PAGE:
ZX Spectrum 'v' MSX

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By PingPong

Prophet (3697)

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29-04-2021, 21:56

about z80 speed: before saying the z80 spectrum is 15-20% faster, you should also take in consideration the contended memory. ;-)
on Amstrad CPC contended memory causes a 4Mhz z80 to behave like a 3.3 One...

By PingPong

Prophet (3697)

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29-04-2021, 22:01

gdx wrote:
santiontanon wrote:

For example, the Z80 in the spectrum is indeed faster than the MSX one, since there's wait states introduced in most instructions in the MSX.

The frequency is slightly faster too but MSX design is more reliable. It doesn't have these bugs:
https://sinclair.wiki.zxnet.co.uk/wiki/ZX_Spectrum_16K/48K

Shared RAM also greatly limits the programs size and hardware evolution.

Yes as happened to C128. To double the cpu speed they have to completely disable the VIC-II chip and go for a VDC that worked in a VDP like way (memory not shared)

By PingPong

Prophet (3697)

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29-04-2021, 22:00

lintweaker wrote:

I thought that the spectrum was actually slowed down by the PLA to allow for the main memory to be used to display an image? Or I am mixing things up with another machine from that era?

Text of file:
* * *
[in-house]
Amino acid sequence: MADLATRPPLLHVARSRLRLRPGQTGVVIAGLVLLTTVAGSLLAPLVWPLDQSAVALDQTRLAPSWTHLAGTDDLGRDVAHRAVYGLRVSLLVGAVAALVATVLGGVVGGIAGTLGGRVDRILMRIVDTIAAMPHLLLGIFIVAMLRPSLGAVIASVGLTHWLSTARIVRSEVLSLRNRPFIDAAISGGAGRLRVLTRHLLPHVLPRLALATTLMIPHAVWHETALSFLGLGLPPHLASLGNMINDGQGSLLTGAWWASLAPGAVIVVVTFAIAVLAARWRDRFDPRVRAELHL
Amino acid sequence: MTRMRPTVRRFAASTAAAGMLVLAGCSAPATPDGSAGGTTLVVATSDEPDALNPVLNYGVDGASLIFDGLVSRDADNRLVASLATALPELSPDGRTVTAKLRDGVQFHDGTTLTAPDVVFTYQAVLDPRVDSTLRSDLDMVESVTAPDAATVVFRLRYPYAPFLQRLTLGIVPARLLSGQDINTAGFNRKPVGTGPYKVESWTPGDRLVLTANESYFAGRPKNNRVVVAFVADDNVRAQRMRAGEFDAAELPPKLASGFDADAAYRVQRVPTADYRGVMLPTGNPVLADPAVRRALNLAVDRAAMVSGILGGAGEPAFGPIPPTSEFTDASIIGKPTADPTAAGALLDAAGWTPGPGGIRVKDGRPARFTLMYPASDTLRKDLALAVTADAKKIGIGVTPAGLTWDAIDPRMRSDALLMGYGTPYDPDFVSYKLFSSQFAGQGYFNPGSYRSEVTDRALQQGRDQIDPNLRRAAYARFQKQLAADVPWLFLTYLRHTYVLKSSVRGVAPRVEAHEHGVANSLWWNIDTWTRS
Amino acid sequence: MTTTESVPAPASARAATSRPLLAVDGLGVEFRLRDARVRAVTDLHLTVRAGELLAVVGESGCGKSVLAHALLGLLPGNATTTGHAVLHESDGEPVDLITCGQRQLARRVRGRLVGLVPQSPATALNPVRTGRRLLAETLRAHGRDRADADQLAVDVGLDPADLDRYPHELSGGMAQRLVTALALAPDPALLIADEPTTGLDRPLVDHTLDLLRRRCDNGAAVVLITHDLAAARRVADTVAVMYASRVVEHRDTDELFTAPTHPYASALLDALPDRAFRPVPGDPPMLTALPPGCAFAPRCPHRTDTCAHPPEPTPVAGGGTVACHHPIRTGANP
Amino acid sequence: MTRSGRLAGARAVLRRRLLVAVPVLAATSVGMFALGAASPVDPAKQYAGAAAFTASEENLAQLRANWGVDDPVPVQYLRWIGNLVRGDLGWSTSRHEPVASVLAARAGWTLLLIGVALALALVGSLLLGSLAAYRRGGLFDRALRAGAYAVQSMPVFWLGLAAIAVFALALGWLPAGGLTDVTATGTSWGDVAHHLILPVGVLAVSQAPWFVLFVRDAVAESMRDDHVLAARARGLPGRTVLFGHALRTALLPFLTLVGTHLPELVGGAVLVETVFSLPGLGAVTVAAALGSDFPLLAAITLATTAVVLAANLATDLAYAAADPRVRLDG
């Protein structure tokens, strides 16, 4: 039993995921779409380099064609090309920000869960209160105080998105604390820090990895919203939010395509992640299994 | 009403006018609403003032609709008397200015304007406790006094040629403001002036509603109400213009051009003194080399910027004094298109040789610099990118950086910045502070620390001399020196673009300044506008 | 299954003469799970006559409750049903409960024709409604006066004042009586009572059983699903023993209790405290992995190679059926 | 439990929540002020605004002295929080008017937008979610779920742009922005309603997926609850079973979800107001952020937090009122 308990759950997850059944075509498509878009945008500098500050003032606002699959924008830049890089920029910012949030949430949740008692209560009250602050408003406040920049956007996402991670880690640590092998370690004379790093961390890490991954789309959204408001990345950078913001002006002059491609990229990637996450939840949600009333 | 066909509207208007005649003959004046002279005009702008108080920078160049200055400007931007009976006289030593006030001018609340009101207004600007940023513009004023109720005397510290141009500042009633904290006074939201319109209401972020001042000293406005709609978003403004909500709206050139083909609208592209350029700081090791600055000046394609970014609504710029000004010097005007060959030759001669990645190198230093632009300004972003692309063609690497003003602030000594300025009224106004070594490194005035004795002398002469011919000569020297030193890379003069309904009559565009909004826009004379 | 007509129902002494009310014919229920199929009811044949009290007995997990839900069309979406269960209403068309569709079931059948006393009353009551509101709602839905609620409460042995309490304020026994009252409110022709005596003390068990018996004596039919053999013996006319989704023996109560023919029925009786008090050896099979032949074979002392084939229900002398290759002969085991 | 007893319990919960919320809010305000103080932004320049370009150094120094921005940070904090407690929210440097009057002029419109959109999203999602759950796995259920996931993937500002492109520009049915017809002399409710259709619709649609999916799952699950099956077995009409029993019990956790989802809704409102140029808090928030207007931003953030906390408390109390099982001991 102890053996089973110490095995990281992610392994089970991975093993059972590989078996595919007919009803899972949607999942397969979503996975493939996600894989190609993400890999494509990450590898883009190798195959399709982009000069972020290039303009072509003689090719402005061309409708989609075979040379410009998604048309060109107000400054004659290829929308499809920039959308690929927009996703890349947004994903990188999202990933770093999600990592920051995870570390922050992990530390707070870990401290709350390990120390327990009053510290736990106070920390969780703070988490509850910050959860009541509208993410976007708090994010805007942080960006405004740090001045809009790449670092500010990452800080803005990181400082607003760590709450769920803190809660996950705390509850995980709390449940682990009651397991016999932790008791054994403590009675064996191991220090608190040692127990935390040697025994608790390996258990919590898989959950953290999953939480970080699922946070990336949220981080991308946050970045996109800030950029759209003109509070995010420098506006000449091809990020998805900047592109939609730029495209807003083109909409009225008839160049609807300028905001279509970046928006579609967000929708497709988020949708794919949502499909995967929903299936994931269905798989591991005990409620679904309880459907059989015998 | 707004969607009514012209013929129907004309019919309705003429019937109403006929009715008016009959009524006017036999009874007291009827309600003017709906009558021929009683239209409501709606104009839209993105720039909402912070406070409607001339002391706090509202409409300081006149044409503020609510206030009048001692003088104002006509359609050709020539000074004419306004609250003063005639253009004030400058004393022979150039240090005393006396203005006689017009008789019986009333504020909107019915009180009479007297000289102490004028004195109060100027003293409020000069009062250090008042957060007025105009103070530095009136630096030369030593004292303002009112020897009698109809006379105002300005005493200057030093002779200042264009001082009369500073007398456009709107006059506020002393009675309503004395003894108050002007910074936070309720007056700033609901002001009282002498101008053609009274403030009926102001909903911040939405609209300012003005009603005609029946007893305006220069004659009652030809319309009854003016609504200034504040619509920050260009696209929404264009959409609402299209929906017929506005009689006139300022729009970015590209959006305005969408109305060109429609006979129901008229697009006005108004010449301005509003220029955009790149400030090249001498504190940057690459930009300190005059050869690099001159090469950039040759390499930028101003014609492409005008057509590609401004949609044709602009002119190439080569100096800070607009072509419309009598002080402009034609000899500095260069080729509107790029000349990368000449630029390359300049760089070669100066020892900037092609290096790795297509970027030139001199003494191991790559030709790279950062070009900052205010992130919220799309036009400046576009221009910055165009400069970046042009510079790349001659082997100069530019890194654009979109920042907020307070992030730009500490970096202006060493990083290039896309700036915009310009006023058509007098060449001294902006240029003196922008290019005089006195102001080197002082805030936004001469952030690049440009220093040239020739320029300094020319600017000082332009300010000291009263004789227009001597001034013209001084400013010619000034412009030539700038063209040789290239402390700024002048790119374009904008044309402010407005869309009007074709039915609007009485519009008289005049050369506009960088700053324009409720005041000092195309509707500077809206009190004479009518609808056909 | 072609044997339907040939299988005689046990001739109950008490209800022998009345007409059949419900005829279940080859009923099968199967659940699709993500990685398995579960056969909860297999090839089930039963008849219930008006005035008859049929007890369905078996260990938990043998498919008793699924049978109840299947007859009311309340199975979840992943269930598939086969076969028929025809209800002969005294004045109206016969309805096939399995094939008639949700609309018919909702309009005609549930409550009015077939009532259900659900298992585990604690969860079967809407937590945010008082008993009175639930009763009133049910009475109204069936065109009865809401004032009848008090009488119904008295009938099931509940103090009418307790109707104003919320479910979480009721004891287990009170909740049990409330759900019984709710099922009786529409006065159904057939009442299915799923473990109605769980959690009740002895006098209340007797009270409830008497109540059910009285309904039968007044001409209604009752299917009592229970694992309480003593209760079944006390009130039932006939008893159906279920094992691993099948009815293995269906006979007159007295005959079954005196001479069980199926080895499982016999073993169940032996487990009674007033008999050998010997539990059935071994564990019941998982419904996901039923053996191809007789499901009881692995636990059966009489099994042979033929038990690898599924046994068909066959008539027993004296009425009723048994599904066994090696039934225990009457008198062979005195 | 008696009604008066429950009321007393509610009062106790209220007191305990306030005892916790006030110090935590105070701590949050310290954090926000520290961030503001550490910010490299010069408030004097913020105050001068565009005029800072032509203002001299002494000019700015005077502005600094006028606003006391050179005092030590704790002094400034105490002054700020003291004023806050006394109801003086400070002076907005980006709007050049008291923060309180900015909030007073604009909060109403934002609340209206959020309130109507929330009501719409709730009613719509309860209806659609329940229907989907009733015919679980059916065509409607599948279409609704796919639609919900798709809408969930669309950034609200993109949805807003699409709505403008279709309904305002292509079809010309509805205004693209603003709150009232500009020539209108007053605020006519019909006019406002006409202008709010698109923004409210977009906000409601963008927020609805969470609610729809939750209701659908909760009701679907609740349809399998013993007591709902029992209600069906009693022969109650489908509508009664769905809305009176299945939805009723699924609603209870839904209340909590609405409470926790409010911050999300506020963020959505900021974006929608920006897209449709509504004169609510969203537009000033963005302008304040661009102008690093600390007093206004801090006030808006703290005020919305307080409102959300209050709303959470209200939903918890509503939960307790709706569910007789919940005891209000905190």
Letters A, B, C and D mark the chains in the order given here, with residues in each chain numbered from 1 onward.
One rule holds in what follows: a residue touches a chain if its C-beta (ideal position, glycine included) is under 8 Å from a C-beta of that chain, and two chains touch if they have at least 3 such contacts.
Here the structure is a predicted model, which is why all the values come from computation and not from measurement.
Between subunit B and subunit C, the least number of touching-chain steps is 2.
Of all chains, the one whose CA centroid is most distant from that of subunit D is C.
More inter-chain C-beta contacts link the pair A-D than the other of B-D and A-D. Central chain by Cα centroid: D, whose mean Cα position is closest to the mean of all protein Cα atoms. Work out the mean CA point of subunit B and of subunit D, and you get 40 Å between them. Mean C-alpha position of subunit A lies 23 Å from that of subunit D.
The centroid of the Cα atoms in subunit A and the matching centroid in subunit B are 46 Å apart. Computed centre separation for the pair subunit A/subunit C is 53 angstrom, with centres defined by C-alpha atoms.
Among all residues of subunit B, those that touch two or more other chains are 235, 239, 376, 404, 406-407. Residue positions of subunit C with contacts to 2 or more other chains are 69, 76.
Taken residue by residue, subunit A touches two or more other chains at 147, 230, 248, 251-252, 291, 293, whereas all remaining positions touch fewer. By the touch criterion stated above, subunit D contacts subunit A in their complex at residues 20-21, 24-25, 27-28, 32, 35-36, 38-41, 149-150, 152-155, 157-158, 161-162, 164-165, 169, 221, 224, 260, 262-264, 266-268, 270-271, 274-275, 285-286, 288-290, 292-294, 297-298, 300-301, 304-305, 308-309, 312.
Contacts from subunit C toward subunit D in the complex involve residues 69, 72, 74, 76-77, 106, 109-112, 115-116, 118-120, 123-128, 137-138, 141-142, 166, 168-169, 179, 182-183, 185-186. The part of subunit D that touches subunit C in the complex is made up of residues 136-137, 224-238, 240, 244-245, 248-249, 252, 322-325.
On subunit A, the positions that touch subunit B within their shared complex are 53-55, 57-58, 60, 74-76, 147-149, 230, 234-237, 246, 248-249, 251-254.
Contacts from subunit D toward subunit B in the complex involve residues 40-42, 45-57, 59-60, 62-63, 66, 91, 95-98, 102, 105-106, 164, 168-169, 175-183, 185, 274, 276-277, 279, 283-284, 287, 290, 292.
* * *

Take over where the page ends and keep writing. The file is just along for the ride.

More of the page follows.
May be the ULA? the PLA was in the C64

By Timmy

Master (141)

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29-04-2021, 23:00

lintweaker wrote:

I thought that the spectrum was actually slowed down by the PLA to allow for the main memory to be used to display an image? Or I am mixing things up with another machine from that era?

The ULA basically slows down the 16K of the memory (where the display memory is defined) if it needs to reads data there and send that to the TV. If you have a 16K Spectrum, then everything slows down a bit. On the Spectrum 48K, the other 48K (16K ROM and 32K RAM) don't have that problem, only the 16K part where the display memory is stored is slowed down.

In practice, I never really see much difference where I put my sprite data. The sprite and sound routines are stored on non-contended RAM though.

By PingPong

Prophet (3697)

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29-04-2021, 23:19

has anyone measured the same asm long running loop in and out the contended area? what's the difference?

By santiontanon

Paragon (1391)

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30-04-2021, 00:35

Good points about the contended area, I am not sure about that case! I was thinking of raw performance in executing CPU instructions. But you are right, all has to be taken into account. I have never actually seen any comparative benchmarks, but maybe some exist? I'd be interested in seeing results, although designing exactly what to test might be tricky

By Timmy

Master (141)

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30-04-2021, 04:27

Manuel wrote:

Someone in the comment thread claims that the Spectrum has a bitmap mode (and the MSX has not). Is that true? Or is the Spectrum similar to screen 1/2 with more limitations?

Grauw wrote:

It’s as much a bitmap mode as screen 2 is a bitmap mode in the default layout used by MSX-BASIC where the pattern name table is filled with 3x 0-255. The Spectrum pixel layout isn’t linear either so there’s no convenience there on either side.